I believe the ultrasound TAs are effective teachers and I have confidence in their skills.1.6%9.5%23.8%44.4%20.6%
I would prefer faculty soley taught ultrasound skills.4.8%24.2%32.3%25.8%12.9%
I feel my ultrasound skills have improved with near peer ultrasound training.0%6.3%20.8%49.2%23.8%
I feel competent in my point of care ultrasound skills.7.9%22.2%31.7%25.4%12.7%
Near peer ultrasound training has made me want to pursue more ultrasound training.1.6%6.3%20.6%44.4%27.0%
Survey QuestionNot likelySomewhat likelyVery Likely
How likely are you to pursue a residency with an ultrasound emphasis?19.4%53.2%27.4%
How likely are you to use point of care ultrasound in your future?3.2%57.1%39.7%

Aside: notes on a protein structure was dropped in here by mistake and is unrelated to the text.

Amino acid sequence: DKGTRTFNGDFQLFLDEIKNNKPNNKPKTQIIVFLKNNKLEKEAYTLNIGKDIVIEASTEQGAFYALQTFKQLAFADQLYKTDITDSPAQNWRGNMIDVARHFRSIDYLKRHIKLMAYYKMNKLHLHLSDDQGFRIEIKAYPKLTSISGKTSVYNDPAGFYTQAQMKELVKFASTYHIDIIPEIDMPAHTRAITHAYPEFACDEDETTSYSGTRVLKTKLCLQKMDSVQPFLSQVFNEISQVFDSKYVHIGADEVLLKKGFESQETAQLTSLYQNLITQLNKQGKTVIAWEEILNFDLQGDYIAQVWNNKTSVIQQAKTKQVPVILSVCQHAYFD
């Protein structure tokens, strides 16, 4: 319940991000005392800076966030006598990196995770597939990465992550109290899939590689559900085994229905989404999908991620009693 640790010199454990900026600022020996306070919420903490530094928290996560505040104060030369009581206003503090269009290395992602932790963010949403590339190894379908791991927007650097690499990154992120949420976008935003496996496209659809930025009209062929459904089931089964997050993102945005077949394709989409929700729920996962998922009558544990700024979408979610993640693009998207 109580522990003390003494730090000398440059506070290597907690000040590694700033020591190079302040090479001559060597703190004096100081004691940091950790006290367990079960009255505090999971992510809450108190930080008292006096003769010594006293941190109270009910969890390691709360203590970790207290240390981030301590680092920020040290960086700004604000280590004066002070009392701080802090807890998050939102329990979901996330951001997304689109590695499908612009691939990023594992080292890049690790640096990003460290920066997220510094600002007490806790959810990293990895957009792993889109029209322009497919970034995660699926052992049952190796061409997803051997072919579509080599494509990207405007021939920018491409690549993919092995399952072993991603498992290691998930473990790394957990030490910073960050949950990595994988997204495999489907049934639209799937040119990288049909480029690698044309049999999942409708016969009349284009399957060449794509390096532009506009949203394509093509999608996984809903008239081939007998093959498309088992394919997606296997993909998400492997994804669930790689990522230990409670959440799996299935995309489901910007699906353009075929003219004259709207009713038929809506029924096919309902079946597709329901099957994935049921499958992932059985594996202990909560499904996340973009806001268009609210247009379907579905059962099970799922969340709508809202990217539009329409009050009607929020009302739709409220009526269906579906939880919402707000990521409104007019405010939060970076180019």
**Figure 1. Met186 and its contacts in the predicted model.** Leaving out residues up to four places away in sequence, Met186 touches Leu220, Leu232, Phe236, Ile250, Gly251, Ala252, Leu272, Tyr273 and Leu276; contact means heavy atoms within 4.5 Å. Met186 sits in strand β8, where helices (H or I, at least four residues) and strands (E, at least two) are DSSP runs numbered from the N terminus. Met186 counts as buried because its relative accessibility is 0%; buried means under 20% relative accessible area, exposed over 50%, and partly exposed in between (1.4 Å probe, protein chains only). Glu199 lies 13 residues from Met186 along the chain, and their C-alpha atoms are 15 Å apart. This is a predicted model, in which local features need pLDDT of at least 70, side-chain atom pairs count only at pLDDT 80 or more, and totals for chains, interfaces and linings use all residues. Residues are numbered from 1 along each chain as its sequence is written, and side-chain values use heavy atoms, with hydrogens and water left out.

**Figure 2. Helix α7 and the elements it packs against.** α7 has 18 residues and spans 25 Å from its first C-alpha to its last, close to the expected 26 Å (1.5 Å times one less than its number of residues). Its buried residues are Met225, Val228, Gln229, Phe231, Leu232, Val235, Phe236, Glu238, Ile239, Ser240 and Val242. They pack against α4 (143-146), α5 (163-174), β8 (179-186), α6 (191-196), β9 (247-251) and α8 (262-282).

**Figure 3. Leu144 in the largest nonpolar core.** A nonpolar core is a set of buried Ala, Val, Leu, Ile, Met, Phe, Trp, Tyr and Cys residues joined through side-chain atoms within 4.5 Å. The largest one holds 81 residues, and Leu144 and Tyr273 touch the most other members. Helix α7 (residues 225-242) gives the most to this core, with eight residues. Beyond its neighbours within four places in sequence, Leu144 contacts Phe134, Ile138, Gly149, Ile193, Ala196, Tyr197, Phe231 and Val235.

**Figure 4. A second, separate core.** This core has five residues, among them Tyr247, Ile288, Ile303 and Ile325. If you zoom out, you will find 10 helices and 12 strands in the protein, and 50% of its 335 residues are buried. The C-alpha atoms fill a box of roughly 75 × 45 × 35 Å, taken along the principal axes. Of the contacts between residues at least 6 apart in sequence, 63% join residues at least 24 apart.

Among the TA group of forty-one students, nineteen students responded to the survey, for a response rate of 46.3%. Of the respondents, 78.9% had assisted with more than four teaching sessions, 84.2% attended more than four TA training sessions, and 94.7% of students also reported spending additional time practicing POCUS outside of TA activities each week. When looking at how being an POCUS TA impacted the students, we found that 100% of them either agreed or strongly agreed that being a TA has helped their medical education. Of the TAs, 78.9% either agreed or strongly agreed that they feel competent in their POCUS skills. When comparing different education methods, 78.9% of the TAs prefer near peer techniques over other teaching methods. Ultimately, we can conclude that being an POCUS TA had a large impact on the students, where 100% of TAs agreed or strongly agreed that being a TA has helped develop their POCUS skills and 100% of TAs are likely or very likely to use point of care POCUS in their future practice (Table 2).